I'm 40 years old myself, and I realize I've gotten to see and hear a lot of this movement up close(ish) in ways I didn't even notice at the time. Growing up in the Bay Area, I heard about the assassination of Harvey Milk when it happened. The AIDS crisis hit San Francisco hard while I was in high school. I remember signing petitions when I was in college against the Don't Ask, Don't Tell policy. Gene Robinson was a candidate for bishop in Rochester while I was in seminary several years before he was elected in New Hampshire.
And now the movement to legalize gay marriage. Who would've thunk it?
Two things this week have been milling around in my mind. Or maybe one thing in two parts.
First of all, I realized that I'm very tired of the same old arguments about gay marriage. I feel like it's on autopilot and anybody could play the parts. I almost feel it would be entertaining when getting into this kind of spat to stop in the middle and say, "Let's trade roles!" and see how well we do in articulating the other side's argument.
I found this graphic this week that captures it well. (I don't even know where I found it now.)
I hope you can see it here. (I see that you can't, but you can click on it for the full view. You can also look at it on the web at http://www.geocities.com/patrick_farley/gayMarriageChart-large.png.) It captures for me the futility of how we keep saying the same things again and again and again.
However, this week I also stumbled across a project called Bridging the Gap which offered what they called a Synchroblog. Over 50 bloggers from all over the religious/political spectrum offered their thoughts on issues relating to homosexuality and Christianity in a way that is loving and respectful. It was so refreshing. What's more, I was able to listen and I learned a lot. It gave me hope that the argument doesn't have to be like a dog chasing its tail. It doesn't even have to be an argument.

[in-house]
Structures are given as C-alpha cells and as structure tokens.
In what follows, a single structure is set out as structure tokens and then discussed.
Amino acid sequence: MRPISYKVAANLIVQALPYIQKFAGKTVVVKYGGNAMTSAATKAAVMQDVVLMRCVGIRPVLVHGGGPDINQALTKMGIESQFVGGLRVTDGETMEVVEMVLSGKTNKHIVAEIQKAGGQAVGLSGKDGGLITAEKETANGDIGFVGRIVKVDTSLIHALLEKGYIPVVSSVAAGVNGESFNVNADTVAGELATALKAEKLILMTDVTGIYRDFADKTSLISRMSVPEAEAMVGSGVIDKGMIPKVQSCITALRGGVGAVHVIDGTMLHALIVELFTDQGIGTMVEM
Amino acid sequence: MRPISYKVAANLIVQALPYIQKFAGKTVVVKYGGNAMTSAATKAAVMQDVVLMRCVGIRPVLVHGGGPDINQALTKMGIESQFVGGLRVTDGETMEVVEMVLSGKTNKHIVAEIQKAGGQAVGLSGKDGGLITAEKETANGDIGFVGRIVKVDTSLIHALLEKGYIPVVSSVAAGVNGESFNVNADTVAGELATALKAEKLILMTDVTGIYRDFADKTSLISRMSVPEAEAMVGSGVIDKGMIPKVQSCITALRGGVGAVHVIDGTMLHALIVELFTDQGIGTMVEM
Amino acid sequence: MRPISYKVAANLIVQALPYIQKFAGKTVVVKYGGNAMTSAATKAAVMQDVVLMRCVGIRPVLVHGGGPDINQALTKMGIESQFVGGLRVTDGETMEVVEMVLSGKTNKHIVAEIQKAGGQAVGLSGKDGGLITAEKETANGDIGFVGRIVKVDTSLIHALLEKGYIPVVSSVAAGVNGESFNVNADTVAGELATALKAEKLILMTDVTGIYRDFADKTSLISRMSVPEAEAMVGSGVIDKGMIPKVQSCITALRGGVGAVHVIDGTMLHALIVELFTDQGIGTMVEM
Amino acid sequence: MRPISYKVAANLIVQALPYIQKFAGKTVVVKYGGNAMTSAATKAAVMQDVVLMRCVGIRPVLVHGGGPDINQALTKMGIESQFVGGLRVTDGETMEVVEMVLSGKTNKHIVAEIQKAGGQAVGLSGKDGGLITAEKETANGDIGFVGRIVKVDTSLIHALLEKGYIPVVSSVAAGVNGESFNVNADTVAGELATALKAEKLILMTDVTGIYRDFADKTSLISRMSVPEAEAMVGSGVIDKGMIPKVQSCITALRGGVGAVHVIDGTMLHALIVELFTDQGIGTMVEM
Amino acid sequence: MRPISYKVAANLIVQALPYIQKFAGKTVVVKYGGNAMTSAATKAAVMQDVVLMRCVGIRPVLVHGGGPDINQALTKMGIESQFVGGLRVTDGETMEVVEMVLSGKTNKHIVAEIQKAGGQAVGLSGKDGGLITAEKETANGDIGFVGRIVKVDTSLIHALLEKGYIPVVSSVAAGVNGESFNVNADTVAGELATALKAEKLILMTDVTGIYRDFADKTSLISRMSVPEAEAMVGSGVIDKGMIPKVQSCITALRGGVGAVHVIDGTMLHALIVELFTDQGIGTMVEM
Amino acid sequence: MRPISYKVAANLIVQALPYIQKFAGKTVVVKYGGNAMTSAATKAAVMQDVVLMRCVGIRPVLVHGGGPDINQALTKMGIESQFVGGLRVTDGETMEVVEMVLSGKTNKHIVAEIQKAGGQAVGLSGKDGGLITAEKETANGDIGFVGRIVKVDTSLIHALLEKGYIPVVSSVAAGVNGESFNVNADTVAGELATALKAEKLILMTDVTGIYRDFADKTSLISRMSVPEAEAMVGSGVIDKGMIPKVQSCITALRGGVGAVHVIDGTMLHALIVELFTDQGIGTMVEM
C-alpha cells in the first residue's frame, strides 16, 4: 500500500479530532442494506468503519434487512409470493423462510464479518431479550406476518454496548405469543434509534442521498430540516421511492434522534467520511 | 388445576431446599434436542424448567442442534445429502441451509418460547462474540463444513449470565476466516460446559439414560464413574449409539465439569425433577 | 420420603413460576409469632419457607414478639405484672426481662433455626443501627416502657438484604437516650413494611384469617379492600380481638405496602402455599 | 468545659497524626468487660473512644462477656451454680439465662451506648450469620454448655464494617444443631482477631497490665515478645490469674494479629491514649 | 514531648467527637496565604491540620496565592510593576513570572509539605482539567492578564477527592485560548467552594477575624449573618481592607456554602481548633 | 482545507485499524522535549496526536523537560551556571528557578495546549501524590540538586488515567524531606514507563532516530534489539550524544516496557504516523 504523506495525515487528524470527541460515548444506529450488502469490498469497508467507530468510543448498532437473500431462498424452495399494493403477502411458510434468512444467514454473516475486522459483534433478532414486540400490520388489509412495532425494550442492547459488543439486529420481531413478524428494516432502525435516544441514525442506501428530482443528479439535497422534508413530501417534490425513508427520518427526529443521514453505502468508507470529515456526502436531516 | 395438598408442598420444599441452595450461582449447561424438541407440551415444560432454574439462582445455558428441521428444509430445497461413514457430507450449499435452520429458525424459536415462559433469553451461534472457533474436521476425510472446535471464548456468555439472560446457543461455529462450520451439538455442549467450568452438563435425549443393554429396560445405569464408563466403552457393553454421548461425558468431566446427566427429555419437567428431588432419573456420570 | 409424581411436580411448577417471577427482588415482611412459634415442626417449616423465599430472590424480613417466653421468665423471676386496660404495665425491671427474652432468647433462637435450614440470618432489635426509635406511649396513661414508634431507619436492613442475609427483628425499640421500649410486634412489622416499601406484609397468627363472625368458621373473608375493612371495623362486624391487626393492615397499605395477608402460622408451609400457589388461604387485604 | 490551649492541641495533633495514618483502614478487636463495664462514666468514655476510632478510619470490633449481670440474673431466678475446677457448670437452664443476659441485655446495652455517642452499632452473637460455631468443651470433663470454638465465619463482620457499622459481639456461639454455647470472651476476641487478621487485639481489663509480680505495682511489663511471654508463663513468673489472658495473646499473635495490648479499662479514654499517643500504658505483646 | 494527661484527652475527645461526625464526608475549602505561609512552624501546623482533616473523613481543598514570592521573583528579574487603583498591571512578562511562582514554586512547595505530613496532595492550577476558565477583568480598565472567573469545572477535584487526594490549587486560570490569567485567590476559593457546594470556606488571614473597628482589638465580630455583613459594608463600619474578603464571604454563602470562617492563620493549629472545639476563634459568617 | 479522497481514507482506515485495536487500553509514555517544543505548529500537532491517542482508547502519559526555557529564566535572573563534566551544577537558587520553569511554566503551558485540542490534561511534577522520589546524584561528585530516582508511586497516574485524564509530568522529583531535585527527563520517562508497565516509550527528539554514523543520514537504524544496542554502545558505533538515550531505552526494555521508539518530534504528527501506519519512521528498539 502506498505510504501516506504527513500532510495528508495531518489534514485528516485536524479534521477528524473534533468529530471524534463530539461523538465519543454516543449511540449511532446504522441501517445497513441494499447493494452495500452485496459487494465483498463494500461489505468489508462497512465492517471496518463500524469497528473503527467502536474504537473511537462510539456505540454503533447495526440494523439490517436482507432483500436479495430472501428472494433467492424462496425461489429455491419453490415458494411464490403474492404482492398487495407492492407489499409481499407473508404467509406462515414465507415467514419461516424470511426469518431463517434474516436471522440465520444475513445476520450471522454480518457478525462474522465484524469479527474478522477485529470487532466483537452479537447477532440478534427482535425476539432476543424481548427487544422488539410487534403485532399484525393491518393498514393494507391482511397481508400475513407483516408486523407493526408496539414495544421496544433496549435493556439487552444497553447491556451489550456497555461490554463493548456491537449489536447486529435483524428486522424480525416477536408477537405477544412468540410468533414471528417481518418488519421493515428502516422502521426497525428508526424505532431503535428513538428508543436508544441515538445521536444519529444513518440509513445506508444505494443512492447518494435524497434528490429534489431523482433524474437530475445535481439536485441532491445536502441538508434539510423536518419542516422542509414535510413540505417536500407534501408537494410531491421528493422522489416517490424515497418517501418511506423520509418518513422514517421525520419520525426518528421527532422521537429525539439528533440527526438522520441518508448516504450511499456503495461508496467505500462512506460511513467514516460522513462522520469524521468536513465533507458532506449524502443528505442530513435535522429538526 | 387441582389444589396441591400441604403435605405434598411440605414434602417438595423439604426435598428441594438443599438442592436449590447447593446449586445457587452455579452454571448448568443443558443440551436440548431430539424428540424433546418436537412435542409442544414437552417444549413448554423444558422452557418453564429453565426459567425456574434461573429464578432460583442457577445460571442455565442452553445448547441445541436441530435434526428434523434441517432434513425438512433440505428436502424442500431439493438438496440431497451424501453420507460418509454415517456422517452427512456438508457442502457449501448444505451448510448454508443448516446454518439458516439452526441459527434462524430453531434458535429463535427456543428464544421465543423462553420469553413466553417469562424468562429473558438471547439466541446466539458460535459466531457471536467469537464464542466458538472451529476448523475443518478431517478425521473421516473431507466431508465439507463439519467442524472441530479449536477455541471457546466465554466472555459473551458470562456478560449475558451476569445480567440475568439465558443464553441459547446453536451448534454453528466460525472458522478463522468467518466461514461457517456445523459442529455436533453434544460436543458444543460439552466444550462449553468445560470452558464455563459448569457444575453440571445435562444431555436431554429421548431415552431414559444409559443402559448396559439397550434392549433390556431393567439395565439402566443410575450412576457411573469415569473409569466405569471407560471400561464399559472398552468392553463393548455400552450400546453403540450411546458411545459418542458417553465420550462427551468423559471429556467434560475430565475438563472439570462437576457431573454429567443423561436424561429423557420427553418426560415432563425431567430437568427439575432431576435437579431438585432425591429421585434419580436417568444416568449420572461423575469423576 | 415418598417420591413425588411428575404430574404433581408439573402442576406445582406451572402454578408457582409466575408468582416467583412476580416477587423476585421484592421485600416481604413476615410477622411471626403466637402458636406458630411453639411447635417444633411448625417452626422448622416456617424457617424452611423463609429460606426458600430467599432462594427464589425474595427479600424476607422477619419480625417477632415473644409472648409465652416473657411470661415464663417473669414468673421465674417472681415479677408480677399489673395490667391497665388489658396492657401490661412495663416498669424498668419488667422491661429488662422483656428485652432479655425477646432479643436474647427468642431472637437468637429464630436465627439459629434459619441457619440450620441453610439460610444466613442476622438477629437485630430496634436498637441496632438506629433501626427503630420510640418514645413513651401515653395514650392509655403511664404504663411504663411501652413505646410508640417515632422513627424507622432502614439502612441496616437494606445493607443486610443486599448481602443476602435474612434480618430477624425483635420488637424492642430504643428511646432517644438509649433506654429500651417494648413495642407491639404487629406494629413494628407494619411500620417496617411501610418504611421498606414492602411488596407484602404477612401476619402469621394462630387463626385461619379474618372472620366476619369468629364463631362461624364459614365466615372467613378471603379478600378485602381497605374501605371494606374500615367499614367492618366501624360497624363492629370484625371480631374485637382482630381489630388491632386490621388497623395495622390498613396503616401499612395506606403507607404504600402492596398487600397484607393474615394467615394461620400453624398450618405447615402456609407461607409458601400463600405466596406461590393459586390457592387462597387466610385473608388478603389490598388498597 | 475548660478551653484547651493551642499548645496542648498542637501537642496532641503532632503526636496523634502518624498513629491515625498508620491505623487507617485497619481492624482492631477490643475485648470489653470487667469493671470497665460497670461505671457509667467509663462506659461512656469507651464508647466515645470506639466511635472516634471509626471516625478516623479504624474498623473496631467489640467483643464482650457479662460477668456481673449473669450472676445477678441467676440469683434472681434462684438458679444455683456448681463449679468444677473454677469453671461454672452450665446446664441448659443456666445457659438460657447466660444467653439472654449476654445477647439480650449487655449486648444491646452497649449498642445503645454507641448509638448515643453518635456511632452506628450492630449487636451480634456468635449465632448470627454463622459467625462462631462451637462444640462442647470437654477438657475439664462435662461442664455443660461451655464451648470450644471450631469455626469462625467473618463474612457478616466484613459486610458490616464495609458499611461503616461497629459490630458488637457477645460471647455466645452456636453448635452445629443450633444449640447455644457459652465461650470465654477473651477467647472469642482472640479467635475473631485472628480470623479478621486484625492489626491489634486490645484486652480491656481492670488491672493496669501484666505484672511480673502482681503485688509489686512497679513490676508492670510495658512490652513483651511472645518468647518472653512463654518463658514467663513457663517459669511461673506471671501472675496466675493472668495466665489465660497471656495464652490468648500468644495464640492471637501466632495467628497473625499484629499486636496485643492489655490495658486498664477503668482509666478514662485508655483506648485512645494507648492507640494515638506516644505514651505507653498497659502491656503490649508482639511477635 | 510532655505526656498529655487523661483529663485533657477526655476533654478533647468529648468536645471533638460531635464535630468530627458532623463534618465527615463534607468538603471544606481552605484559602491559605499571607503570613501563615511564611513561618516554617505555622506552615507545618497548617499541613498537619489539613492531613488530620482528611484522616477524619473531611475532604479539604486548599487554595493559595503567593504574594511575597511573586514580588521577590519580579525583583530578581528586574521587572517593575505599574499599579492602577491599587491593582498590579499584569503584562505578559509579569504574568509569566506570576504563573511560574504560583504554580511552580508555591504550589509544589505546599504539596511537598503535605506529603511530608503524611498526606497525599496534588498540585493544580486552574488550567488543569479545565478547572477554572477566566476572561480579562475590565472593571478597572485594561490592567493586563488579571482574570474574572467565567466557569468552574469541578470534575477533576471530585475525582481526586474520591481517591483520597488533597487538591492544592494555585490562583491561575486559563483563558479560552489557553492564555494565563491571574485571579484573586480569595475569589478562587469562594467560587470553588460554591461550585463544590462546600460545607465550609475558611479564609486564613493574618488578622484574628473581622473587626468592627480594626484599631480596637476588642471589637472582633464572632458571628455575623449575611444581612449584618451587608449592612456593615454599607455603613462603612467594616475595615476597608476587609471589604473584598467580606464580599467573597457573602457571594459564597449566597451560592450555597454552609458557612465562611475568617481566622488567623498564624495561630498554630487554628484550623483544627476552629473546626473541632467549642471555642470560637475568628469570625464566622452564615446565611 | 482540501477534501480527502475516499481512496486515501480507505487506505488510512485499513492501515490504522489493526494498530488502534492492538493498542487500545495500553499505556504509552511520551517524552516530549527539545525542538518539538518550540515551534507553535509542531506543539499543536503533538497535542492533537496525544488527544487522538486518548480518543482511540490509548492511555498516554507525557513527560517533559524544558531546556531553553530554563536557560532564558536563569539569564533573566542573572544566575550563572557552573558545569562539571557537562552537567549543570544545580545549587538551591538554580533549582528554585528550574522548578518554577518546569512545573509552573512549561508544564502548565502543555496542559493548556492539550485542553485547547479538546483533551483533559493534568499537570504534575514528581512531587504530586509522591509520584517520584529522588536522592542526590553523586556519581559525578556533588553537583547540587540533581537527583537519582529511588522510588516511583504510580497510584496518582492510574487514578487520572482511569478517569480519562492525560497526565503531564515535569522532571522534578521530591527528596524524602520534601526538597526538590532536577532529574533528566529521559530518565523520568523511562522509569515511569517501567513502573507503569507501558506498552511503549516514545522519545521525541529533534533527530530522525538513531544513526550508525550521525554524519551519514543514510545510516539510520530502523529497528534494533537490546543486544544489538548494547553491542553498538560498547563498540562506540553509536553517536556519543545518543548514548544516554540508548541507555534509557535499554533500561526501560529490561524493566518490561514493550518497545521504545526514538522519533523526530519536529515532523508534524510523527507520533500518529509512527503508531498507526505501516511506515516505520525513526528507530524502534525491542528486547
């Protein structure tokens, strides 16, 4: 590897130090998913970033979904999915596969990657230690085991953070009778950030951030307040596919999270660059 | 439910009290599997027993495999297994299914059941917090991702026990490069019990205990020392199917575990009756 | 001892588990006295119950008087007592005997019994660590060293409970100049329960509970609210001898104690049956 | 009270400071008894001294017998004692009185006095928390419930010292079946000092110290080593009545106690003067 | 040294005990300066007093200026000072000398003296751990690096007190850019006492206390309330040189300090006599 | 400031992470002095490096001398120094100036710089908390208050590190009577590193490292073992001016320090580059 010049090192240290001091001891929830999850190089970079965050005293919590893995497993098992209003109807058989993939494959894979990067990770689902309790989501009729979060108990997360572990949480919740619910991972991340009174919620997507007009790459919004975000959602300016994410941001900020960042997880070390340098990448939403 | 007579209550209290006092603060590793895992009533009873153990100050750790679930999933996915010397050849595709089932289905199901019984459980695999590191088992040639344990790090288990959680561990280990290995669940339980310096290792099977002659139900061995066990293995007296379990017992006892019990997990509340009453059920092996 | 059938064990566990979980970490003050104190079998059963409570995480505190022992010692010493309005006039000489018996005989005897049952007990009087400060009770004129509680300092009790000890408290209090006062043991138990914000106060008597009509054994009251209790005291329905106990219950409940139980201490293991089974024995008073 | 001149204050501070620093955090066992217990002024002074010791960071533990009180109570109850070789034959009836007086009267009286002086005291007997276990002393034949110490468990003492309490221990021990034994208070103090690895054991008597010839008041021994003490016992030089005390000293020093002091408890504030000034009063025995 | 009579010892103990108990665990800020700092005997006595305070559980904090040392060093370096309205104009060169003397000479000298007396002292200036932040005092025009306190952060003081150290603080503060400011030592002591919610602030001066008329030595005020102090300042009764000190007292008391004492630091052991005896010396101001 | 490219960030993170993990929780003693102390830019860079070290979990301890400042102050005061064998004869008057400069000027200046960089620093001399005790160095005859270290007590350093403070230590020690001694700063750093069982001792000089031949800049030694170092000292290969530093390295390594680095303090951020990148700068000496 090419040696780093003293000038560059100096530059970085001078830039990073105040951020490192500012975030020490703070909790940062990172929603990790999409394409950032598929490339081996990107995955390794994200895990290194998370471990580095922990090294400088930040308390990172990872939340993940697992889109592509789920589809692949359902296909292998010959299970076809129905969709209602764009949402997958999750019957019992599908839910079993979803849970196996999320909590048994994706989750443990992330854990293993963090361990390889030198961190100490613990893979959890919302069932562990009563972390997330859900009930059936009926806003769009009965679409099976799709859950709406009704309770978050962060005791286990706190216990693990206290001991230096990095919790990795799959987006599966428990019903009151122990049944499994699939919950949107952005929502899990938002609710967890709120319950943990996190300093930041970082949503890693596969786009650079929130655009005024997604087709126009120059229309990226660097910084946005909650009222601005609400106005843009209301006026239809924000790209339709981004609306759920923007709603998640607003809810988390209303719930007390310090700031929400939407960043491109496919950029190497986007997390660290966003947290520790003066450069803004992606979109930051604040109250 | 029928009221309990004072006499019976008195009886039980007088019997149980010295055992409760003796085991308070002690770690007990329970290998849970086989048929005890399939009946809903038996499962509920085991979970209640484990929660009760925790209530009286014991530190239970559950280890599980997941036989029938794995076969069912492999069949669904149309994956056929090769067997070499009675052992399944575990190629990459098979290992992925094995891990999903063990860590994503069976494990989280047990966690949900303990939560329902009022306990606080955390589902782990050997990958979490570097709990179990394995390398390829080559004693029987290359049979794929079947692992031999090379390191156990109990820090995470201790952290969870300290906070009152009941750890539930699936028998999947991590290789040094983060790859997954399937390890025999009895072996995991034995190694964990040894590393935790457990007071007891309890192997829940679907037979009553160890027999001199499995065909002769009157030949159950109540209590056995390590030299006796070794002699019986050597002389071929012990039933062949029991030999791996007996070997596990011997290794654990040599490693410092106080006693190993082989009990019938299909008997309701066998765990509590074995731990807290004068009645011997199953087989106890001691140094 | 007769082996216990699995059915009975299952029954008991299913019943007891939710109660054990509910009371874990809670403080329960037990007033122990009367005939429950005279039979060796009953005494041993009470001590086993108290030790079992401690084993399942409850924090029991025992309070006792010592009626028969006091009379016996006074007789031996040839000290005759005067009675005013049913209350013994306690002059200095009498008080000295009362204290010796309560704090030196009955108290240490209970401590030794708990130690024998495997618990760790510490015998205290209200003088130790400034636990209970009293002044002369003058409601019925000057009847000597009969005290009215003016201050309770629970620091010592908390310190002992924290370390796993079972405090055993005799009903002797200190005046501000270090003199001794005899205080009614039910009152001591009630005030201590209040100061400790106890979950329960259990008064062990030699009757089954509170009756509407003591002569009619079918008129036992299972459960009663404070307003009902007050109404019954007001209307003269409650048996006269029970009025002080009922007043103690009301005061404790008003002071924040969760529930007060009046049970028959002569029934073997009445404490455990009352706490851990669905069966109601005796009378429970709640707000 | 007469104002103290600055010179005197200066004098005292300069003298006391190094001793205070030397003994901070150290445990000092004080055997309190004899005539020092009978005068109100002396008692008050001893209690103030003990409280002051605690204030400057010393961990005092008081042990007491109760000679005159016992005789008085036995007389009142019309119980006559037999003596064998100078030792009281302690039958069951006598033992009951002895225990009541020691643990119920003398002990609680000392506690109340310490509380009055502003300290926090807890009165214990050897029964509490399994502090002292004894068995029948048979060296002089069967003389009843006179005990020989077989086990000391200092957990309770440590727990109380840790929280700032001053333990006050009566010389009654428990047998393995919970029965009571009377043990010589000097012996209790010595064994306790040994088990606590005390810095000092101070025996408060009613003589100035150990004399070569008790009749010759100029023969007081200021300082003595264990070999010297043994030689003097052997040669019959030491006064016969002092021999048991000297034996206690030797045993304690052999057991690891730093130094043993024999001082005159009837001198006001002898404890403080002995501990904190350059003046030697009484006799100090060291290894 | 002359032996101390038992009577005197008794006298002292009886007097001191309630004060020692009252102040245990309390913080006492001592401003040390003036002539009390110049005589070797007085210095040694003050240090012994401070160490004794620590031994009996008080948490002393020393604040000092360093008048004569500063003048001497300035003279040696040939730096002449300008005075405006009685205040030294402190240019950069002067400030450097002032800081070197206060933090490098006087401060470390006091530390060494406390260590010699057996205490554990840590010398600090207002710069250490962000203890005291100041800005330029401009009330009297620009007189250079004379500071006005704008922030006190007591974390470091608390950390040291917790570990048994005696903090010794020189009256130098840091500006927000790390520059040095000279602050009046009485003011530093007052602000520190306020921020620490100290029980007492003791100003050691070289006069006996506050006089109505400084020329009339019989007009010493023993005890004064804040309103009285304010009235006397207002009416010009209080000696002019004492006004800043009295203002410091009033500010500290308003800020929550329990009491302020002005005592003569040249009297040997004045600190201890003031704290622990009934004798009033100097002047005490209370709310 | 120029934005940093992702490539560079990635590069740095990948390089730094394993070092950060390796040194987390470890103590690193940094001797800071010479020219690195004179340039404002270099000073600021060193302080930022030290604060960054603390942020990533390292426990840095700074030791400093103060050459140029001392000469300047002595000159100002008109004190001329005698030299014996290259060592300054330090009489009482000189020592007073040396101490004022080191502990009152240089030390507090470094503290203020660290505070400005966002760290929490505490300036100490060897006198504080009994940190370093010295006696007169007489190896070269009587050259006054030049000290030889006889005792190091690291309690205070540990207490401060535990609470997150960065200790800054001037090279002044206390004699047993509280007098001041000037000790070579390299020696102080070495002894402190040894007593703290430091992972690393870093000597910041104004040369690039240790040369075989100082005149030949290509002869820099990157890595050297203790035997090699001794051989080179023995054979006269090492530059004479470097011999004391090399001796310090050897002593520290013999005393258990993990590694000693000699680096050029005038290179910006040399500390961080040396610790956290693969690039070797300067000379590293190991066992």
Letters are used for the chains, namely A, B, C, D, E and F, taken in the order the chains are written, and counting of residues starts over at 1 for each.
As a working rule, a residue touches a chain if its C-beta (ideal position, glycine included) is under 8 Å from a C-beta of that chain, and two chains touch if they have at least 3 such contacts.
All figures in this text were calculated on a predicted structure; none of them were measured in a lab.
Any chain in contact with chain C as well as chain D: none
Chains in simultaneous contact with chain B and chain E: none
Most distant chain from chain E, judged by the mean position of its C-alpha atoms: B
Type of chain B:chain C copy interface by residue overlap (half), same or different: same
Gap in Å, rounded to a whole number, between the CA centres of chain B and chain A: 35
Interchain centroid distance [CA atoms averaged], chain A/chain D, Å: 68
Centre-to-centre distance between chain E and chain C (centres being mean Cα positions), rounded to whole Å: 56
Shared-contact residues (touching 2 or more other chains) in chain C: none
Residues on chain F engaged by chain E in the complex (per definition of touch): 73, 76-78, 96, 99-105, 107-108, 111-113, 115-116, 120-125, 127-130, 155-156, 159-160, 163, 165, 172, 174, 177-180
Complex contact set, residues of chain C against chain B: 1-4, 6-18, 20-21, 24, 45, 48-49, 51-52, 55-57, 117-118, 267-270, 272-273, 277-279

One of my favorite entries on the Synchroblog came from this blogger who described the familiar experience of online debate where "The arguments were endless and repetitive, and I can't remember how many times we rehashed that same conversation over those early months."
One evening, when he sent me a message to initiate the same old routine, I decided that I wasn't in the mood for it. As I sat there for a moment, I decided that our conversation was going to be different that night. I decided we were going to talk about something else. So I started steering the conversation in various directions, such as what I had done earlier that day. I also asked him about his day and various other questions. As a result, we had a twenty minute conversation that night that was completely debate-free and even a little pleasant, if somewhat forced. The conversation ended when Thyle said he needed to go and we exchanged pleasant goodbyes.
I learned that it takes two people to debate, but often only takes one person to redirect the conversation away from that debate.
He's realistic about the need for debate sometimes, but when the debate is simply a rehash of well-rehearsed positions, it doesn't seem to make sense to keep going. Instead, "When we force the debates and disagreements to take a more appropriate place amidst all the positive interactions a group of people can have, there is room for a beautiful picture to emerge and develop over time."
There was a lot more in these blogs and if this topic interests you--or tires you, actually--I recommend you take a look at what people wrote. Lots of good thoughts written with generous spirits. It gave me a lot to think about.